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Economy

Bank of Japan inches back presence in bond market

Ownership of government debt falls first time in almost seven years to 42.99%

A view of the Bank of Japan's headquarters in Tokyo. The central bank is shifting to a monetary policy focus on market interest rates, not quantity of holdings.   © Reuters

TOKYO -- The proportion of government bonds held by the Bank of Japan fell for the first time in six years and nine months as the central bank gradually curbs its massive monetary easing program.

At the end of December, the BOJ held 42.99% of all issued Japanese government bonds, according to its own data, or 478 trillion yen ($4.29 trillion) of 1.11 quadrillion yen in outstanding debt, down slightly from 43% at the end of September.

The decline in the percentage is the first quarter-on-quarter drop since the end of March 2012. That date precedes the launch of Prime Minister Shinzo Abe signature Abenomics policy in December of that year, and the start of the BOJ's ultraloose monetary policy the following year.

The BOJ still stands above and beyond global peers in its share of sovereign debt ownership. Both the U.S. Federal Reserve and Bank of England hold between 10% and 30% of their countries' respective government bonds, said Hidenori Suezawa, an analyst at SMBC Nikko Securities.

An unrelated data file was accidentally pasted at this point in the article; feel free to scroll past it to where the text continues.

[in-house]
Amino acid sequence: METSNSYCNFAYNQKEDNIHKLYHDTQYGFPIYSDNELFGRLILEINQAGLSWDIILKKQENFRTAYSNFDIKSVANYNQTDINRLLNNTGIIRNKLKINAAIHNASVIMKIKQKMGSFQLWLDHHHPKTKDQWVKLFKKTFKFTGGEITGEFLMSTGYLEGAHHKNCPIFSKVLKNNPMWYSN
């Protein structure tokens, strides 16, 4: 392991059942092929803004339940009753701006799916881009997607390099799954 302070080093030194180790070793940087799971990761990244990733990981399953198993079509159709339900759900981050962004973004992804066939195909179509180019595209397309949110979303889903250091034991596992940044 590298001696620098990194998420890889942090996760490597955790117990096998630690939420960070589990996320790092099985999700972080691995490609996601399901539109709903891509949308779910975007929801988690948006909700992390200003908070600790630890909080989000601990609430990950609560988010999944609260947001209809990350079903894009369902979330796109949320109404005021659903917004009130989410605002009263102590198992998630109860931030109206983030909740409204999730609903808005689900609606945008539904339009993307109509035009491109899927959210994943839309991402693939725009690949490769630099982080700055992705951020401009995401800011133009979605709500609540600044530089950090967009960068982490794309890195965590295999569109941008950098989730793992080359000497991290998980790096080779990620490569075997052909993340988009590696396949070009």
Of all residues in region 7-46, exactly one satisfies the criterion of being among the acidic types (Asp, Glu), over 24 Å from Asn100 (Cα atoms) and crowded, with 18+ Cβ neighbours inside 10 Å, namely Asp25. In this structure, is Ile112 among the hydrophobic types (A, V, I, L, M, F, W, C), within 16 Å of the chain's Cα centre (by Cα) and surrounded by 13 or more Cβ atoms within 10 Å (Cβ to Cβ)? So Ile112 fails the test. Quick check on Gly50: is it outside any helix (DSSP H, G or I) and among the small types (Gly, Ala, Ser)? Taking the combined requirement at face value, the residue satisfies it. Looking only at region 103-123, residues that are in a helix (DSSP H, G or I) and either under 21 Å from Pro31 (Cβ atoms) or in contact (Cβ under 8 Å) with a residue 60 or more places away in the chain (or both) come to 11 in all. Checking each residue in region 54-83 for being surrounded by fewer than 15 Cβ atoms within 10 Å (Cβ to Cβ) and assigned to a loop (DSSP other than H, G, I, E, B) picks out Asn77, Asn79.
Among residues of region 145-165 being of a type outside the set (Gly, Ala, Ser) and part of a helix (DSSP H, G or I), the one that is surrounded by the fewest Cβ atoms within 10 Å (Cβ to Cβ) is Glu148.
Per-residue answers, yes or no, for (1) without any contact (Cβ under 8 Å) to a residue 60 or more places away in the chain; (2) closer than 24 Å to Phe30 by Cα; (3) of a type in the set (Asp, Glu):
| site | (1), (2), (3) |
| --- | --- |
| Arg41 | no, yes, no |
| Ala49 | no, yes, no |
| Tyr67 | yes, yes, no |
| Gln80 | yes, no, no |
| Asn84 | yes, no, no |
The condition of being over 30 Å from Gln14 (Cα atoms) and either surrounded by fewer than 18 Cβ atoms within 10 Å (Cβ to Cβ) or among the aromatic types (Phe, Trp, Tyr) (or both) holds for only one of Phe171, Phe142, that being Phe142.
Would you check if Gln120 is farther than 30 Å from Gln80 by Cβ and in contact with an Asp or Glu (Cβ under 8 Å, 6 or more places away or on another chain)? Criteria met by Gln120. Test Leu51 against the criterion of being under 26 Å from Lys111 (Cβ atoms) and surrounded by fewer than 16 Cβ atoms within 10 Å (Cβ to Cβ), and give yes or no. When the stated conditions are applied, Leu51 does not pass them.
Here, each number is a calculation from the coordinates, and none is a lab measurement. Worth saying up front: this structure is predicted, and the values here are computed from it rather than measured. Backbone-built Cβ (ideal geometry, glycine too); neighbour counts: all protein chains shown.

The central bank remains the biggest single holder of JGBs. Its holdings of the instruments as of Dec. 31 rose 6.3% from a year earlier, compared to the 1.6% increase in outstanding government debt.

The BOJ pivoted from a quantitative stance to a rate-focused program in September 2016, and has trimmed its holdings of short-term bonds. It then tweaked its policy further last July to give the market more room to function, and since then purchases of long-dated debt have gradually subsided as well.

Another reason for the BOJ's reduced role as an owner of government bonds is the uptick of overseas purchases. Foreigners held 134 trillion yen of the instruments at the end of December, up 9.5% from a year earlier, accounting for an all-time high of 12.1% share of outstanding debt.

Through the end of 2018, interest rates in the U.S. and elsewhere have dropped. On the other hand, "Japanese government bonds were attractive because of the perception that their yields would not fall much because of BOJ policy," said Tsuyoshi Ueno, senior economist at the NLI Research Institute.

In fact, yields for the benchmark 10-year JGBs has hardly budged at all in recent days as bankers await the outcome of the Fed meeting ending Wednesday.

"The BOJ is adjusting the pace of JGB purchases so that it holdings do not surpass 50% of the GDP with an exit to its monetary easing in mind," said Suezawa.

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